Before I went on hiatus, I wrote a post about my efforts to be an ally to Indigenous Australians. It’s a basic outline of my education as a kid, how I’m going about self-education and how certain aspects of Australian society are limiting those efforts.
I would like to be able to give you an update on how I’m doing in studying up, or the collection of online resources I was collecting. But my capacity to do that sort of educational allywork pretty much went out the window over the last few months. I’ve been trying to pull together some information but it’s not quite fitting in my brain. As much as my allywork in every instance has suffered, I feel particularly bad* about not having done much for for Indigenous Australians. I think this is because I feel a particular duty as a non-white person benefitting off the racial oppression of other non-white people.
But this is not doing Aboriginal and Torres Strait Islander people any good. I can still pass on links and stories and things so we’re all a bit more aware of what’s going on in Indigenous life right now. And that’s extremely important even if it wasn’t the direction in which I was intending to go! So I’m going to be posting about some of what I’ve been reading on Indigenous issues lately. If you’re not familiar with Australia’s horrific legacy of racism, strap yourself in and prepare to feel nauseous. I was going to write just the one post, but there is so much to cover. So this one’s on housing in the Northern Territory.
Two years ago, a $672 million Strategic Indigenous Housing and Infrastructure Program (SIHIP) was announced for the Northern Territory. It was supposed to involve the building of 750 homes, 230 rebuilds and 2500 refurbishments by 2013. As yet, not one home has been built. Let’s see what’s going on, shall we?
In response to this slackening off and wastage, Alison Anderson, the Indigenous policy minister in the Northern Territory, has quit the Labor party. Ms Anderson believes that only 30 per cent of the allocated funds will actually be spent on new homes. She terms the situation ‘the biggest scandal I have seen in my political career’. (via the National Indigenous Times.)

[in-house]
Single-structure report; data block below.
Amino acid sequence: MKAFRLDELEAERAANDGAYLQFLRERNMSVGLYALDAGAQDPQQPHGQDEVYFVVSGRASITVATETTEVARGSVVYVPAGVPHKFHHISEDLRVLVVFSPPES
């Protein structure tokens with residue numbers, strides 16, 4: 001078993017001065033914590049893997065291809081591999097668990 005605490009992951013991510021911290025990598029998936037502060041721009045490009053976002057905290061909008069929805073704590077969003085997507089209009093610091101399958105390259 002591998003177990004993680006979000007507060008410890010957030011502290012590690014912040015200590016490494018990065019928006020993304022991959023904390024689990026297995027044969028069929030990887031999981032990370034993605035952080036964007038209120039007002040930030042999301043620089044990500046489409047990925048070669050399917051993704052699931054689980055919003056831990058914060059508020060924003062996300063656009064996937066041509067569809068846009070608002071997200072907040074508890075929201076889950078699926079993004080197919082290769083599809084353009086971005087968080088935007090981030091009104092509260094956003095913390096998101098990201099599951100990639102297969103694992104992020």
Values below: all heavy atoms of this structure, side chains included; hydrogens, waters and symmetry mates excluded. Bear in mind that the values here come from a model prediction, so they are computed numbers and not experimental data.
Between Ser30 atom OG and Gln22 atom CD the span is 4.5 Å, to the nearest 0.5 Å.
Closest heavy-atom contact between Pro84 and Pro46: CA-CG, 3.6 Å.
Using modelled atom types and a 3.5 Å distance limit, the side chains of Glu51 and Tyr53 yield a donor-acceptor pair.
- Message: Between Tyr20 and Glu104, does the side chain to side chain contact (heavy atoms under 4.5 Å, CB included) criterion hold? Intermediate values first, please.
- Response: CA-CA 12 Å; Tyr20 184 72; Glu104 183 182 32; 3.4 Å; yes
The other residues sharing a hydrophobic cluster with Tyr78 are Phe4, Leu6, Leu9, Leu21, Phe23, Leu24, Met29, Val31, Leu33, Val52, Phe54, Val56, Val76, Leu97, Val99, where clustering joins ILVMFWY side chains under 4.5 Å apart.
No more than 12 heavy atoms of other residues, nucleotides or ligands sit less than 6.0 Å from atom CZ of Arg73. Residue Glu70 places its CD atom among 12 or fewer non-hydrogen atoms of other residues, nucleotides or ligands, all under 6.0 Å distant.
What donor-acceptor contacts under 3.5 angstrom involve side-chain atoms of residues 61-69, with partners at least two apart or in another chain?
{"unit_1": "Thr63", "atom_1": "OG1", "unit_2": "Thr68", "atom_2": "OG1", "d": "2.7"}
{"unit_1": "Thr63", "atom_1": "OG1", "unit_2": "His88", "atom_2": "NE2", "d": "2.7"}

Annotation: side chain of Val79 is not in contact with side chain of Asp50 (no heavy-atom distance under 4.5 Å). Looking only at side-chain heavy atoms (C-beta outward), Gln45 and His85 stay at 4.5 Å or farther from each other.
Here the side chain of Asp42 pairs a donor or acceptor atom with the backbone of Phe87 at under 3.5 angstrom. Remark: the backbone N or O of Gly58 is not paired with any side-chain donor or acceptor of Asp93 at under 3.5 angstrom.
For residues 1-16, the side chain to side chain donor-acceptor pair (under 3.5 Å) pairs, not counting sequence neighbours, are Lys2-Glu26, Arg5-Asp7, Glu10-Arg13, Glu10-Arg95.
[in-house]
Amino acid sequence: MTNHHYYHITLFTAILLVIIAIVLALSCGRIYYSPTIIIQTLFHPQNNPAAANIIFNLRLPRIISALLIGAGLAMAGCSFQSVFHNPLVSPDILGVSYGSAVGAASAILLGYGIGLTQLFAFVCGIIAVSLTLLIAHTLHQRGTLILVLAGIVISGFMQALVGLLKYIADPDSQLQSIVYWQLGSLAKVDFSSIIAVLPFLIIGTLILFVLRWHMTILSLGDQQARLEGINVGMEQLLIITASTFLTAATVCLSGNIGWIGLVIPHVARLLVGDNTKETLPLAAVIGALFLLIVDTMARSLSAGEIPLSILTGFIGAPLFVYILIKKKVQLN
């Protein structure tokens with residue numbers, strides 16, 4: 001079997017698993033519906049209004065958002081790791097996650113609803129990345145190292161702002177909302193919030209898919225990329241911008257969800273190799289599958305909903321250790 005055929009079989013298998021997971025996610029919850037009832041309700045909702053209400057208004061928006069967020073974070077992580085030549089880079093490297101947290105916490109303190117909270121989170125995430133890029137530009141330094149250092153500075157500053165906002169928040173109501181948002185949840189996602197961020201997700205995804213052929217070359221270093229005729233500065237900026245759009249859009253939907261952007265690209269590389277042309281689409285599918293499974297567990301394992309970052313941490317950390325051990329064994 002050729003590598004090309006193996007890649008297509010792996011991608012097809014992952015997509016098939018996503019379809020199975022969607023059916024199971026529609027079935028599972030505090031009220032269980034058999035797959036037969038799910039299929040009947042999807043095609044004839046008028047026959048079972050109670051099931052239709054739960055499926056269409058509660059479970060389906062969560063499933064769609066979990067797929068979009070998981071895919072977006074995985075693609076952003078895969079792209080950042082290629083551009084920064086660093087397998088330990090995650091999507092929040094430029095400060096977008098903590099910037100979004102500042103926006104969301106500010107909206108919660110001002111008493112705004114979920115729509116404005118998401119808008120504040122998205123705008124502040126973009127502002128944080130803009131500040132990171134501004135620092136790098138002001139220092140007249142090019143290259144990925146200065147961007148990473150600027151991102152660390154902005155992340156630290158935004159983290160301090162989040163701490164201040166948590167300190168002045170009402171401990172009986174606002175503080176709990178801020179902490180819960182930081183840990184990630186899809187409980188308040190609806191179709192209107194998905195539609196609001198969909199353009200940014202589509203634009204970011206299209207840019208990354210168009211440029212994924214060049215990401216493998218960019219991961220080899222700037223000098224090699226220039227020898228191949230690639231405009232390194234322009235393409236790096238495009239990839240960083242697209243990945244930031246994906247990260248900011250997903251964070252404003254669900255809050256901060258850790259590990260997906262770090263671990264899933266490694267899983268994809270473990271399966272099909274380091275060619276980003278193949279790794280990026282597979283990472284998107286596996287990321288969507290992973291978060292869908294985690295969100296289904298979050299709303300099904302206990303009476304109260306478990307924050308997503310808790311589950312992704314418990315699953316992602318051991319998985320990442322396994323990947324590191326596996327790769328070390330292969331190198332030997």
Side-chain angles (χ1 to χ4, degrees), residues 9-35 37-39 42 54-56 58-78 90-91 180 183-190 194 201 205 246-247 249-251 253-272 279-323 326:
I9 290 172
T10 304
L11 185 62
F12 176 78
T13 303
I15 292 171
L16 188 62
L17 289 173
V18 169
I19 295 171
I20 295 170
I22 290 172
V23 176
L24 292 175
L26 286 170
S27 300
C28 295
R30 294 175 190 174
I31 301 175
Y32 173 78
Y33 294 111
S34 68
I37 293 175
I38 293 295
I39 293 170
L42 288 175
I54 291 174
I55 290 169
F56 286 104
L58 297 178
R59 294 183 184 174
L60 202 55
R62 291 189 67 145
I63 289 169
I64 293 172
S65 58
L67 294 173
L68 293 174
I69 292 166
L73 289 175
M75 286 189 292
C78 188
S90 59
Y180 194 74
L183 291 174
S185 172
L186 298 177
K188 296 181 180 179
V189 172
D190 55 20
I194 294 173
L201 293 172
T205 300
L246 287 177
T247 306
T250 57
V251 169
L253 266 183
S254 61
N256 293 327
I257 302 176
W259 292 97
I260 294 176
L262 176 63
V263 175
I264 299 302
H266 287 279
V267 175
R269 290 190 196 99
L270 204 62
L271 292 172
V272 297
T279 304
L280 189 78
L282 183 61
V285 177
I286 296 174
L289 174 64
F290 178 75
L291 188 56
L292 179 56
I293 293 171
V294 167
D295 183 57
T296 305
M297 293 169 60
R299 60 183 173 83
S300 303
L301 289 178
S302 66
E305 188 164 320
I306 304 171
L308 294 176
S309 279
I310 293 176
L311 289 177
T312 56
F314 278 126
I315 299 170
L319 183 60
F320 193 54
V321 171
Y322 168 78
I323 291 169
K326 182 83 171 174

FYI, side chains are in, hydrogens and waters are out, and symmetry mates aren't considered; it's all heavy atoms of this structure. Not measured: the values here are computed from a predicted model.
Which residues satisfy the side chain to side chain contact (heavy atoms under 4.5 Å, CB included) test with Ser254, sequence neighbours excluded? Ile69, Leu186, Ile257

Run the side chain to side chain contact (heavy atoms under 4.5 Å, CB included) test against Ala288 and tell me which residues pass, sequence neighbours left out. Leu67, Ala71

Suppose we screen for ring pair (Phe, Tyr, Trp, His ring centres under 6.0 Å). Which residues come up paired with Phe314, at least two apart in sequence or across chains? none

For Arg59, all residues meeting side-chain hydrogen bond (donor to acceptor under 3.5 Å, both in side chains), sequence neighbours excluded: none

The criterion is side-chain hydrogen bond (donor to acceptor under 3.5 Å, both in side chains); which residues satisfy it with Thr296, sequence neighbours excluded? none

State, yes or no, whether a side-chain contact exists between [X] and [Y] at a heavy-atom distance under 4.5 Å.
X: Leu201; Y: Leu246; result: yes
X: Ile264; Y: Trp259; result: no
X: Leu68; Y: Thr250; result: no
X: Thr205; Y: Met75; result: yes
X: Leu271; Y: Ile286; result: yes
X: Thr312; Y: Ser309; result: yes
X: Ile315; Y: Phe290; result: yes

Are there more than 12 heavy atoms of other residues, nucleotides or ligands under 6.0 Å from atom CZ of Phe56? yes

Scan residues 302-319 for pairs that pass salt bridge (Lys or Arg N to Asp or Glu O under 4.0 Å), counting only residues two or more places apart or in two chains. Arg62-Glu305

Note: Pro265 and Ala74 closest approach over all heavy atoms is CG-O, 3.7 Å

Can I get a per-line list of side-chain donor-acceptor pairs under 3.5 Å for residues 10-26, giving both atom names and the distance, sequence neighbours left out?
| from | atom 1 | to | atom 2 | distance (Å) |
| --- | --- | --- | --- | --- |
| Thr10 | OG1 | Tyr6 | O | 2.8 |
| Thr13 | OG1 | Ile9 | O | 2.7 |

As of a couple of days ago, the Federal Government may take over the program, which I am not at all convinced will be better, because, well, we know how that sort of thing tends to go. NT Housing Minister Rob Knight thinks his government can still come through. The ABC reports ‘The Commonwealth says if the management of the Strategic Indigenous Housing and Infrastructure Program does not improve within four months, it will take more direct control.’
This sudden flurry of activity comes about following a report into SIHIP which says that significant changes are needed. Namely, $450 000 needs to be spent per house, not the planned $350 000. The report puts the present estimated administrative costs of the program at 11.4 per cent, a cost which can be reduced to 8 per cent. The cherry on the cake is that, according to NT Deputy Opposition Leader Kezia Purick, over $45 million has already been spent. I’ll remind you that not a single solitary house has been built. Where have the administrative costs been going?
And this isn’t just abstract political fudging, either; in July, the people of Ampilatwatja moved out of their homes in protest of living conditions. Federal Indigenous Affairs Minister Jenny Macklin says that Ampilatwatja isn’t one of the communities listed to recieve new housing, anyway. There is pressure on the minister to step down due to all this mismanagement.
Note: You may be wondering why most of the sources I’m citing are from the ABC. That’s because, as much as I’d like to mix up my sources, a lot of this stuff is getting ignored or only partly covered by other sections of the media.
Non-Indigenous Australia, you are doing very badly by the First Australians.
If you’ve got any links to good online resources on Aboriginal and Torres Strait Islander topics for my resources post, they would be much appreciated. Personal perspectives, like blogs, are good, as are stats pages, organisational homepages, whatever – it would be great if you’d care to recommend any.
*Yes, I know, I know, it’s not exactly my fault that the areas I could work in, and the kinds of activism I could do – and can do, still – were reduced.